During the four days of the Cheltenham Festival 2010, punters in the UK will wager an estimated £600m on the 26 races that will be held in the country. An estimated 200,000 spectators will attend the event, and millions more will watch it on television. The festival represents the pinnacle of the UK jump racing season, and it is one of the largest and most popular horse racing events in the world.
The Cheltenham Festival is also an exciting time for online sportsbooks in the UK. A representative of Paddy Power, Ireland’s largest sportsbook, remarked “It’s a proper bonanza for us. During Cheltenham we see more business in the four days than we normally get in three weeks. There is nothing else like it.”
Despite this boom, however, the horse racing industry is not what it used to be. Attendance at tracks across the UK remained level this year despite the economic downturn, but more and more people, especially the younger generations, are more interested in football, rugby, and cricket.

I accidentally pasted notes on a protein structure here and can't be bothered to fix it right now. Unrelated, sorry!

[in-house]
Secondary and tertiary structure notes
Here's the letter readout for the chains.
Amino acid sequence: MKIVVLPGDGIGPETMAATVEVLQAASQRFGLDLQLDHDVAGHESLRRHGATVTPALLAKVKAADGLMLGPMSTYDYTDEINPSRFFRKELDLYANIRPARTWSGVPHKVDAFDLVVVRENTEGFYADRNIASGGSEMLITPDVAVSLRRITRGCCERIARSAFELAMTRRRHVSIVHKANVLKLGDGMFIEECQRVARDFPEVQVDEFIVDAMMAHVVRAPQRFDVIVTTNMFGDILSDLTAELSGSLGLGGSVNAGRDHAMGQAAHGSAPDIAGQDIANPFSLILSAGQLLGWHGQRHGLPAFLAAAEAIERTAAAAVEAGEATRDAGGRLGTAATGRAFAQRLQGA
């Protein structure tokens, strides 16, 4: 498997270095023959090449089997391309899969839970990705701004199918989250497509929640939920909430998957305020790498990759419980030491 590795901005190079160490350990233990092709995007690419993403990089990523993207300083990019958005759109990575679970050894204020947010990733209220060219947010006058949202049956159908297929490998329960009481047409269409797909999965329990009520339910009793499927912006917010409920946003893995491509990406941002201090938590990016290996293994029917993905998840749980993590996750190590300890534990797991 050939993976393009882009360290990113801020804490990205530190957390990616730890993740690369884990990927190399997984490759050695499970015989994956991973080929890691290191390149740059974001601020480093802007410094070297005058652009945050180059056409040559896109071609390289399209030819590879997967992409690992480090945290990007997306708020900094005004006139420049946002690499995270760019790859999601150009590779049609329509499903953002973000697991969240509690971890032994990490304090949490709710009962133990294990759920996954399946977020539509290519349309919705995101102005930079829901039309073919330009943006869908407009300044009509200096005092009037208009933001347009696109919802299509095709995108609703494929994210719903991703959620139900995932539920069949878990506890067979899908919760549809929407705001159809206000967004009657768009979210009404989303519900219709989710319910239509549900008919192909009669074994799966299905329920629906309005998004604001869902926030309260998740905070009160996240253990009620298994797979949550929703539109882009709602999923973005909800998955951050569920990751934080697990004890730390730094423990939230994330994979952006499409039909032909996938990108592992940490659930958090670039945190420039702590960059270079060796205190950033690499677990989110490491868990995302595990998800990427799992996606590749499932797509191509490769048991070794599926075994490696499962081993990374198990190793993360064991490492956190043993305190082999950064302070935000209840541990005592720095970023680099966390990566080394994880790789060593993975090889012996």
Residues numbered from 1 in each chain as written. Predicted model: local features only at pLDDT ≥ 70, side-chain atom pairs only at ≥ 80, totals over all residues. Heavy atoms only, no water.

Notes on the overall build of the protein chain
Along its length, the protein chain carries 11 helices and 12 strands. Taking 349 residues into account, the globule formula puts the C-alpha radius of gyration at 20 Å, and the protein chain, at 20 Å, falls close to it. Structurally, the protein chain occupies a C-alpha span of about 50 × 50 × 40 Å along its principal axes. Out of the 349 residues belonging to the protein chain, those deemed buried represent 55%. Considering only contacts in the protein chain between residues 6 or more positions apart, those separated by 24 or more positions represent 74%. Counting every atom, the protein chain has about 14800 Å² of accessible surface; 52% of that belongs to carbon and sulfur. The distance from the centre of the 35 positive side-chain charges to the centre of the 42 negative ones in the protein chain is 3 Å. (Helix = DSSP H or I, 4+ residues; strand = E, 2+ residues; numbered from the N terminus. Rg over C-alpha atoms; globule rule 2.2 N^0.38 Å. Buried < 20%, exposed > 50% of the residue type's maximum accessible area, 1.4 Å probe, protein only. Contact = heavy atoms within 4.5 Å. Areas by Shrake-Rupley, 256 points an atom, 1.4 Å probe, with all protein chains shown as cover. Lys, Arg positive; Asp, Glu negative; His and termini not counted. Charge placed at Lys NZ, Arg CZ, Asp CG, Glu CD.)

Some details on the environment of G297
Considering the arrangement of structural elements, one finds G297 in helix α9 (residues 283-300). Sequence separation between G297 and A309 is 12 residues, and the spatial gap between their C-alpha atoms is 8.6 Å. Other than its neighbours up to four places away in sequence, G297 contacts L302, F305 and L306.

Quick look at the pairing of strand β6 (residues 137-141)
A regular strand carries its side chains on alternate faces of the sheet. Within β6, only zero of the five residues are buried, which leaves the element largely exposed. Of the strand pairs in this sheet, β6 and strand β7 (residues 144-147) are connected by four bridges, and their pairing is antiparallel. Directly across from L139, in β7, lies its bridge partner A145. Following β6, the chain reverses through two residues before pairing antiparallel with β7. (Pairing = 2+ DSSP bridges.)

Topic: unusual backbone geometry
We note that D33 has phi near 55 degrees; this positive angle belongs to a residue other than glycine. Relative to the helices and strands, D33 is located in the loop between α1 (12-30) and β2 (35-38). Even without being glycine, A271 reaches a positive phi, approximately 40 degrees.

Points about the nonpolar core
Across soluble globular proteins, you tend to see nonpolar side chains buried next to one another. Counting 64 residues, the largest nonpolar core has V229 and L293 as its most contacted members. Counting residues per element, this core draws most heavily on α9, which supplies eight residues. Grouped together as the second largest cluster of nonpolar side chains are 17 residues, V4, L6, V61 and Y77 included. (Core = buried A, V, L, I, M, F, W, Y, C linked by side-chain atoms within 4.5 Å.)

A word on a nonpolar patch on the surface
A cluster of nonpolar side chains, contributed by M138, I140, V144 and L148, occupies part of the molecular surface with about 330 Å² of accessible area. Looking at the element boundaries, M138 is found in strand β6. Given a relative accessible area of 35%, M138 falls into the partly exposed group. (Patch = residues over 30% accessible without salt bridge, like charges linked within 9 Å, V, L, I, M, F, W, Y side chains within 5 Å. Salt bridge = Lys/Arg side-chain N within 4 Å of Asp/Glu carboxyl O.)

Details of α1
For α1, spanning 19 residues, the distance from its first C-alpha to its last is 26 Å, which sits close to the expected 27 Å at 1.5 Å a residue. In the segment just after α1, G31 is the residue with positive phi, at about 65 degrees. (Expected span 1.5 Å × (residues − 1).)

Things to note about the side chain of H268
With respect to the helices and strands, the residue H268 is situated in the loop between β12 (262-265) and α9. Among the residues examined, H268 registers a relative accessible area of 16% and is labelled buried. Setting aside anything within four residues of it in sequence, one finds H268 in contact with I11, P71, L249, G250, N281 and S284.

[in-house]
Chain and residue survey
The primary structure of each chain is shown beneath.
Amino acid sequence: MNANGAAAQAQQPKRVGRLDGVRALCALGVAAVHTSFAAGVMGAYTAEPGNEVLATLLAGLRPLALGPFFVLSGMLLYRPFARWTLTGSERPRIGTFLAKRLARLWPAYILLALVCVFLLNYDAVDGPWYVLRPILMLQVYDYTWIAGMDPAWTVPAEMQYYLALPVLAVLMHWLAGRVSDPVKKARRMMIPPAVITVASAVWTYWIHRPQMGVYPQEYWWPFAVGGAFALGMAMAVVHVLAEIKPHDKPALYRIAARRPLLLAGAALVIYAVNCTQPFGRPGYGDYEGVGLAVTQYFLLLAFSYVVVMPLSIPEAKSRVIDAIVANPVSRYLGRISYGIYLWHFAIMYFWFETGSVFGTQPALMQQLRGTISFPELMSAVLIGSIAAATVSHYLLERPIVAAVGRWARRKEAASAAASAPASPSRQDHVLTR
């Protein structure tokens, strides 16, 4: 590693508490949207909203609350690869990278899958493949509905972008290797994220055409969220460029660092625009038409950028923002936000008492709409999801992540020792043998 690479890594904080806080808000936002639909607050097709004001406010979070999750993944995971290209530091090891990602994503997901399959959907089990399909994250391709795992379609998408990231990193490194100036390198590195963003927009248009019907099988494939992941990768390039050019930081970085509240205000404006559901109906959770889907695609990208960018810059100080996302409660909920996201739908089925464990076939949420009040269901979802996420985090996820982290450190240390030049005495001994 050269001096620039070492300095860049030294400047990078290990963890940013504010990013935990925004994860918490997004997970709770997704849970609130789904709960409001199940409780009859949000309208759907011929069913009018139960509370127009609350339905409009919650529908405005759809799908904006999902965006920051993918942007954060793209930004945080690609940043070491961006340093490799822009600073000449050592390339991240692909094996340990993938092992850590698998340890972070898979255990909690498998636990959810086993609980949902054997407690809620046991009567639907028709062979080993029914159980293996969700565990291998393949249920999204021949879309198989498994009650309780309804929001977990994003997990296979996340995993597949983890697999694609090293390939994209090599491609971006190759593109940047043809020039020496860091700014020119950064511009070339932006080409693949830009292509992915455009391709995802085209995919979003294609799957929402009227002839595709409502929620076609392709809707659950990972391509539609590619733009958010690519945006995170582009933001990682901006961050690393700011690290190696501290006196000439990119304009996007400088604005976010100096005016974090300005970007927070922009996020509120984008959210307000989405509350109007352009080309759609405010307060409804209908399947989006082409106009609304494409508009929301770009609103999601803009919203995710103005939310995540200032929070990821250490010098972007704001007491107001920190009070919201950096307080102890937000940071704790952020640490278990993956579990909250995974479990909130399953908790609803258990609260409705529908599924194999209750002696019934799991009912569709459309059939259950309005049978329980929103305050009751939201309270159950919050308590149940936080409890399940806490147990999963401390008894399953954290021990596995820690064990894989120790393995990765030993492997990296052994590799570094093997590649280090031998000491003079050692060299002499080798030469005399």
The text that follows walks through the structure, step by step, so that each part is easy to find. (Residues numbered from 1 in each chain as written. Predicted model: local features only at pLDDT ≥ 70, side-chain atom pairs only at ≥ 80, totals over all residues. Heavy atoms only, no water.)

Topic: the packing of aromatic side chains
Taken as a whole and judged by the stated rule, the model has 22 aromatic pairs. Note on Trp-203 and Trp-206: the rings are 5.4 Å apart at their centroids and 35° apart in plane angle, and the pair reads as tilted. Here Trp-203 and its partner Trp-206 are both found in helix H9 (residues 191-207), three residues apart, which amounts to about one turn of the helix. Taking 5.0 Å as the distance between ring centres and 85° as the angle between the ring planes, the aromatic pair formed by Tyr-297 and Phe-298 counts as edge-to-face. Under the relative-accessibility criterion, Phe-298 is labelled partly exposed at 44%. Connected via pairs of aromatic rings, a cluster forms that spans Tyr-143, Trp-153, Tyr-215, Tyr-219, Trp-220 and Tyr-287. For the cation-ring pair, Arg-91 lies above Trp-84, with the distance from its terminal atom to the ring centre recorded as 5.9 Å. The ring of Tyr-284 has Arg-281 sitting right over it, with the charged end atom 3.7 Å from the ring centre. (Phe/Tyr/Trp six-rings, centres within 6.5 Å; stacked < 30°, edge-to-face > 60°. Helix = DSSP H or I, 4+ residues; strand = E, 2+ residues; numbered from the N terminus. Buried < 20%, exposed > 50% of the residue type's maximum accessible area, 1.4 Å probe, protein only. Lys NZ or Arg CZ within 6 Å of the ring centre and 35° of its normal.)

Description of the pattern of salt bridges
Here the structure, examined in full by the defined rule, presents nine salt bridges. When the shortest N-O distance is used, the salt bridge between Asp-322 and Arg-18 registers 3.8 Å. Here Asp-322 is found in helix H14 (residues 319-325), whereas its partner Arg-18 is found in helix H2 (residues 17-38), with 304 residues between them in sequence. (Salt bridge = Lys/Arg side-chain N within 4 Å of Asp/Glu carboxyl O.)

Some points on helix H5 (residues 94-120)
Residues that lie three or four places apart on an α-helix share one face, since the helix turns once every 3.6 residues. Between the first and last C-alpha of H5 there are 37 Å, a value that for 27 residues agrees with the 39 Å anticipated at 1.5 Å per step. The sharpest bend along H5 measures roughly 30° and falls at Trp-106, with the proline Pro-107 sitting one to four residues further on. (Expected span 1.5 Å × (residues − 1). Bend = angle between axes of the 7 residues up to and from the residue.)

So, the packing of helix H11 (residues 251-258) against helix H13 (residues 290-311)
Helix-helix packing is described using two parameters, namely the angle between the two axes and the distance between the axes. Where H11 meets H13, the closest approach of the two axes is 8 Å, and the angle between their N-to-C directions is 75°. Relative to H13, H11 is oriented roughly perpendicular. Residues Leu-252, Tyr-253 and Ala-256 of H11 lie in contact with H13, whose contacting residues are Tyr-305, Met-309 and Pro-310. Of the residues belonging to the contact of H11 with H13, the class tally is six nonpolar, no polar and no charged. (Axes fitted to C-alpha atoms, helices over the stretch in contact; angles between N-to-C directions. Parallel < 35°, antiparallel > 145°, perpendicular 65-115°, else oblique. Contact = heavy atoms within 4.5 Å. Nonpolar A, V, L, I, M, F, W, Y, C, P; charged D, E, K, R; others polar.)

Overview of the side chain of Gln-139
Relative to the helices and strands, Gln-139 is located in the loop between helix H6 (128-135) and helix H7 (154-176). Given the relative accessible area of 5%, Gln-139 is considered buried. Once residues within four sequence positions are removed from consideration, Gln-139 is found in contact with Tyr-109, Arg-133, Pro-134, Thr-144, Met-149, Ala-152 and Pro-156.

Many gamblers are also moving away from betting on horses. Some have moved on to placing wagers at British internet casinos instead of venturing out to the tracks. Big sportsbooks like Paddy Power are noticing the trend. They say that 15 years ago, horse racing made up 90% of their business. Today, the number has fallen to about 60%.
The amount of money wagered by British players, however, has increased tremendously over the years, especially since the onset of internet betting in the UK. Seen in this light, there has not really been a decrease in wagers on horses, but rather there has been an increase in other types of betting.
“Horse racing has seen its share of the pie decline – down from an historic 75% – but the pie itself has got bigger,” says Ladbrokes spokesman David Williams.